• Understanding the law
  • June 17, 2020

5 Questions to ask before signing a commercial lease

Committing to a lease of commercial property can be one of the biggest decisions made by any business. Asking the landlord the right questions can help to make sure that the property and the lease are suitable for your business needs. Five good questions to ask are: 

1. How much is the rent and when will I have to pay it?

 Rent can be one of the most expensive overheads that a business faces. Agree with the landlord how much the annual rent will be and when you will have to pay it. Most commonly it will be paid in four equal quarterly payments in each year. Also, ask whether your landlord will charge you VAT on the rent. At an additional 20%, this will increase your costs significantly if you are not VAT registered. 

2. Can I legally use the property for my business?

 Your lease will limit the use of the property to a specified purpose so ask the landlord what you can and can’t use the property for. It is also your responsibility to check that the property has the right planning permission for your business needs so always ask the landlord to confirm to you that the permitted use complies with the planning permission. If it doesn’t, then a planning application will need to be made.   

3. Can I cancel the lease is my circumstances change unexpectedly?

 It is important to consider that the length of the lease is appropriate to your business needs. As this may not always be possible, ask the landlord if they will agree to include a ‘break clause’ in the lease. This would allow you to give the landlord written notice that you want to end the lease early on a fixed date. This can be very useful for new businesses that wish to keep flexibility.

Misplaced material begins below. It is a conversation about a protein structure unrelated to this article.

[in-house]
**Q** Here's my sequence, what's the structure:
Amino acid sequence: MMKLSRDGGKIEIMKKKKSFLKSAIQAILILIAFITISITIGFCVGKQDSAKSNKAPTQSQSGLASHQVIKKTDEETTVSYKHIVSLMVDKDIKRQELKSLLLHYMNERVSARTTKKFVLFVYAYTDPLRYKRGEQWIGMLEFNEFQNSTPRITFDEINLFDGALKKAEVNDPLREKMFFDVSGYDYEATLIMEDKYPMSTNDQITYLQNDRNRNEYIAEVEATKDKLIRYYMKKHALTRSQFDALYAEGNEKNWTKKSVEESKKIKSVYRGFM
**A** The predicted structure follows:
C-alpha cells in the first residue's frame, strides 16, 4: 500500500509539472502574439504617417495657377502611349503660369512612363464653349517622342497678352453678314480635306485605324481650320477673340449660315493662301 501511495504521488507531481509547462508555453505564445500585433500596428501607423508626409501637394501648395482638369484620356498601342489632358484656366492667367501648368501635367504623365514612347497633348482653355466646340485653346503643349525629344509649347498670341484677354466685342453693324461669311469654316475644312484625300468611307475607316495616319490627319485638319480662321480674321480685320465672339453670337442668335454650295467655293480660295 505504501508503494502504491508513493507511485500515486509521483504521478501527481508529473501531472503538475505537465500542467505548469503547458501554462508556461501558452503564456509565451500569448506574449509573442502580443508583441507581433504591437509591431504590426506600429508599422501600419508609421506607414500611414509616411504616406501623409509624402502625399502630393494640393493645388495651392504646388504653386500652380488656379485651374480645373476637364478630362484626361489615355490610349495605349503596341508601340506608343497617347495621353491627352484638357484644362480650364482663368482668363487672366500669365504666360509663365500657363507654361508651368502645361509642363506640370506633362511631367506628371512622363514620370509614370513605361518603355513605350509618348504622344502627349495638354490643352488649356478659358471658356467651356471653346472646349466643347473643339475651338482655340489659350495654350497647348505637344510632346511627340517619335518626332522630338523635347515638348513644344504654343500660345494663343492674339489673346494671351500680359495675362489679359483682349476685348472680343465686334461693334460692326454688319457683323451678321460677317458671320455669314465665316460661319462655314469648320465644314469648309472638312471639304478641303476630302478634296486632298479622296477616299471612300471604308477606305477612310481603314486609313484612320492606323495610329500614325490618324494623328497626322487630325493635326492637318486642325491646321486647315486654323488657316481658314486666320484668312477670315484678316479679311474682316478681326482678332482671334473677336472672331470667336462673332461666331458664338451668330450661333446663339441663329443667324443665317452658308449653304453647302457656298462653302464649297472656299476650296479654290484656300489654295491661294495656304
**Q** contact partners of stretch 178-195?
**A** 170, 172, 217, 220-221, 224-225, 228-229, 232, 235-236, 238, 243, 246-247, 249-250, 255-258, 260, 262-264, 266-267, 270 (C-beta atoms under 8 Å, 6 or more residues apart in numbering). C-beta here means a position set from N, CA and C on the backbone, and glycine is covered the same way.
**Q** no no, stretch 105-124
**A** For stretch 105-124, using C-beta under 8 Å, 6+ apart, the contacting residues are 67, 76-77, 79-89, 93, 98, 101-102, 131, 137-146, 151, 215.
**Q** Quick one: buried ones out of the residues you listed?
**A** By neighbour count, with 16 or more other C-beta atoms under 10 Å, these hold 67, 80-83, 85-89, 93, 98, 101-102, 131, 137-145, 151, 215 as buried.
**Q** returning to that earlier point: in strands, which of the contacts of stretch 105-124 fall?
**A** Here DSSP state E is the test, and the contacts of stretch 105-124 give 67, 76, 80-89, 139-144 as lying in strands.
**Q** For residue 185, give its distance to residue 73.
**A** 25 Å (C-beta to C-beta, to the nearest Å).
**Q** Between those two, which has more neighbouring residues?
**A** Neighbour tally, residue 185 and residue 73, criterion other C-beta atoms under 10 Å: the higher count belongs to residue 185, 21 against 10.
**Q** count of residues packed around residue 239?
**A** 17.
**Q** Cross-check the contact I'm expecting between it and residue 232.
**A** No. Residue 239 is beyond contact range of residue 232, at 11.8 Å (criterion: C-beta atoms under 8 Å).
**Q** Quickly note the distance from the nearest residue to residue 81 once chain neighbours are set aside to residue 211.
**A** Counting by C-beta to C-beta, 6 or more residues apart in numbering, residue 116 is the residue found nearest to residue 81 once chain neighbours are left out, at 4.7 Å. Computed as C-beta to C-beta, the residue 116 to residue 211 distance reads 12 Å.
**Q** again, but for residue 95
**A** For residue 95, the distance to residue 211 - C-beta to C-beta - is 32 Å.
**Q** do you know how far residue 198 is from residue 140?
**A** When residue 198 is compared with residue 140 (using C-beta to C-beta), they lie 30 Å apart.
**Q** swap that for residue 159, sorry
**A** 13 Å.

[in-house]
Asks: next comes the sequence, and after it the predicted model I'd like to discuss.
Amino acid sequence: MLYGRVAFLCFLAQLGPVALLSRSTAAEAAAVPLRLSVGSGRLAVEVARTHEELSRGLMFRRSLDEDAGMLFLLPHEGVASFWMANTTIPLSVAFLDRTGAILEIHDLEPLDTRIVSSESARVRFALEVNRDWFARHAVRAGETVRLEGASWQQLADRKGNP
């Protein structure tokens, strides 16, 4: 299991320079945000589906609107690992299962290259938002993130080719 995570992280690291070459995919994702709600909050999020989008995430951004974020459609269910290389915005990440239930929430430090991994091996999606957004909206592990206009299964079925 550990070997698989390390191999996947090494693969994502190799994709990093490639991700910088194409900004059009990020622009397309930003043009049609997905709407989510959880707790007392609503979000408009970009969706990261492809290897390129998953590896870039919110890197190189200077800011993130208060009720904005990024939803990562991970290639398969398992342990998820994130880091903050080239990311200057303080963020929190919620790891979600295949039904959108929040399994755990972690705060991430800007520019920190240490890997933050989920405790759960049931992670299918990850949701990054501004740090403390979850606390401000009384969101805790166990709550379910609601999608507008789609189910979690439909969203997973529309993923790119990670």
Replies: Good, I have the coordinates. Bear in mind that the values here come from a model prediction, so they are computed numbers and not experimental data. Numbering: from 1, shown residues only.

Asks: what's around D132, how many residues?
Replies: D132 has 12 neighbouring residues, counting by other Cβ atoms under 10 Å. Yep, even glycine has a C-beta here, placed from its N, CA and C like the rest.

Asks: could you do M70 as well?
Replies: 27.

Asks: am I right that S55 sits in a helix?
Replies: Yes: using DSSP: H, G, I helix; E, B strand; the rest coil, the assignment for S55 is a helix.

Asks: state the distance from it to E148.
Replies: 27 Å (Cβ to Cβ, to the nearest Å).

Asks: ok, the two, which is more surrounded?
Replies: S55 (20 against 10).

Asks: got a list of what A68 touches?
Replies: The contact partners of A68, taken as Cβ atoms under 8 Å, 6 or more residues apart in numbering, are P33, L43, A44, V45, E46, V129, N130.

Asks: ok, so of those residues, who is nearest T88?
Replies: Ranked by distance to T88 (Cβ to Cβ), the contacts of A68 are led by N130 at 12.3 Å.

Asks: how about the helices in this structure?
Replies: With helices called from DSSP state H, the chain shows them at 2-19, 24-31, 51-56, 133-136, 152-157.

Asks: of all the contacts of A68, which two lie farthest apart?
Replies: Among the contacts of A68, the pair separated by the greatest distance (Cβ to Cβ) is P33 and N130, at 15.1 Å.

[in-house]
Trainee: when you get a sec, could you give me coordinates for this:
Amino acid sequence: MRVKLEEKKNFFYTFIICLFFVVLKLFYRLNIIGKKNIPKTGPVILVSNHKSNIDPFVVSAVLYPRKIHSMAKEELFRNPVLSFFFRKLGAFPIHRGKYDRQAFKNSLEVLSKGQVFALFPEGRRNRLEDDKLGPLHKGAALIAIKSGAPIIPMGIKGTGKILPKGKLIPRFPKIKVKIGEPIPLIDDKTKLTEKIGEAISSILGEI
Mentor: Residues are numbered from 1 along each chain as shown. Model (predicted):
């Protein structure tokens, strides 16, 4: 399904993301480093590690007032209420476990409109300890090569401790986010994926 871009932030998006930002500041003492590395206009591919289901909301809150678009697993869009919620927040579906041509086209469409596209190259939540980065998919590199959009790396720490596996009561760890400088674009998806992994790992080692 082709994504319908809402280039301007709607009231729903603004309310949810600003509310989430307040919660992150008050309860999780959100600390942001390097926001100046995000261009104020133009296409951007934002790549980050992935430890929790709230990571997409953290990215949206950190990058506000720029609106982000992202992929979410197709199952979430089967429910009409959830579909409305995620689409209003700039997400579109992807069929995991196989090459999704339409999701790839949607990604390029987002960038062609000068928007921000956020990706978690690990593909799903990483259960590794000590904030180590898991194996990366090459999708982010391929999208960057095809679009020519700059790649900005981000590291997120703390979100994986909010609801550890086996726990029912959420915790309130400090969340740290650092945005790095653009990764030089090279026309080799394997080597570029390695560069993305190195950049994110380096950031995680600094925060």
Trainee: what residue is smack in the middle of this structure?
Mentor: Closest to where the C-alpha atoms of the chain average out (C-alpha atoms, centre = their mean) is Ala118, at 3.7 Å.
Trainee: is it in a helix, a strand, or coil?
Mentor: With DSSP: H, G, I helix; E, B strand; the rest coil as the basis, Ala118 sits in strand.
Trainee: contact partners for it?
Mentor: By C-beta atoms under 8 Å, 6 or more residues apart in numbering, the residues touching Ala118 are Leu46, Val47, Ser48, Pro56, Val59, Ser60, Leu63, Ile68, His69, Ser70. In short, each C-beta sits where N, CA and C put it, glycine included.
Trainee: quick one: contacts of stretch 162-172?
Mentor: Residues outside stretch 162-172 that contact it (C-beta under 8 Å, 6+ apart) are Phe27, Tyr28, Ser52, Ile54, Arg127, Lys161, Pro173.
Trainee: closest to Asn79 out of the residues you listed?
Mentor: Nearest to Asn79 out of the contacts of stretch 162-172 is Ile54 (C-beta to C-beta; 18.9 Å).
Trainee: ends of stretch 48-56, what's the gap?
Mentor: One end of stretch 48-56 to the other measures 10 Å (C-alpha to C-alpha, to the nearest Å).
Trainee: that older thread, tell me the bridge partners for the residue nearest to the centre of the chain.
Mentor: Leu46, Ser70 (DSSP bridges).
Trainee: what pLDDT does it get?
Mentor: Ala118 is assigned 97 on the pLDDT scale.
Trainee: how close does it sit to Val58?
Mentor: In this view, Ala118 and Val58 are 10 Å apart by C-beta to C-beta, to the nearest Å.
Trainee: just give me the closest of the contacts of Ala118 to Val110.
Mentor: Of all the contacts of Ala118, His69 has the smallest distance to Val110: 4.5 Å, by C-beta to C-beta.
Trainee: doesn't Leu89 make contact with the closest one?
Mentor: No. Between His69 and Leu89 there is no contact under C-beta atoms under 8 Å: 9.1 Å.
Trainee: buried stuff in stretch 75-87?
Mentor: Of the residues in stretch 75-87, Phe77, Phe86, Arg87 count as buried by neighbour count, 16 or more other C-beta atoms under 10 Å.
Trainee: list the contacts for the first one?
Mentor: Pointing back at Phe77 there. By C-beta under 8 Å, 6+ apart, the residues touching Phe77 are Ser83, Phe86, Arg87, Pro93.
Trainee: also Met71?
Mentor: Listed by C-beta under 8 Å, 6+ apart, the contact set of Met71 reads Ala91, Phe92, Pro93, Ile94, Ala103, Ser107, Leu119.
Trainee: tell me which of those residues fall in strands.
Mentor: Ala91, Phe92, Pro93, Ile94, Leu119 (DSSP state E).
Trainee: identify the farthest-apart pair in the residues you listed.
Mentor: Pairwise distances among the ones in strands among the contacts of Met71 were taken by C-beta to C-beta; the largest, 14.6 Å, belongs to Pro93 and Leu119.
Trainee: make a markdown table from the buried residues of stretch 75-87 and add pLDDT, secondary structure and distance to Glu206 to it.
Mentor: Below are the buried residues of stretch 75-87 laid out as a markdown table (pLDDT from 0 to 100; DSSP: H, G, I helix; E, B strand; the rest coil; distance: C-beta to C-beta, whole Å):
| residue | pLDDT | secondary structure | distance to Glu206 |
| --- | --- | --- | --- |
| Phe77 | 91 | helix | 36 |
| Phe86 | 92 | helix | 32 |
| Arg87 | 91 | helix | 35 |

4. Who is responsible for repairs?

 Carrying out repairs to any property can be expensive. Agree with the landlord who will be responsible for this. Most landlords will want the tenant to take on at least some repairing obligations and you should always satisfy yourself that no major repairs that will be required. Also, check that the lease does not require you to put the property into a better state of repair and condition than it was in when you took it. It is always worthwhile getting a surveyor to prepare a schedule of condition to record the state of the property at the time the lease is signed as evidence. 

5. Who is responsible for buildings insurance?

 Usually, the landlord will arrange and pay for the buildings insurance and the tenant will pay them back the cost of the premium or part of it if the building has more than one tenant. Always ask for a copy of the landlord’s buildings insurance policy to check the terms of it and how much the premium is so that you know how much you are likely to be asked to pay. Alex Hunter - LawBite Commercial Property LawBrief.

For further legal advice you can contact Alex via our online legal advice portal.

In closing

Nothing in this article constitutes legal advice on which you should rely. The article is provided for general information purposes only. Professional legal advice should always be sought before taking any action relating to or relying on the content of this article. Our Platform Terms of Use apply to this article.

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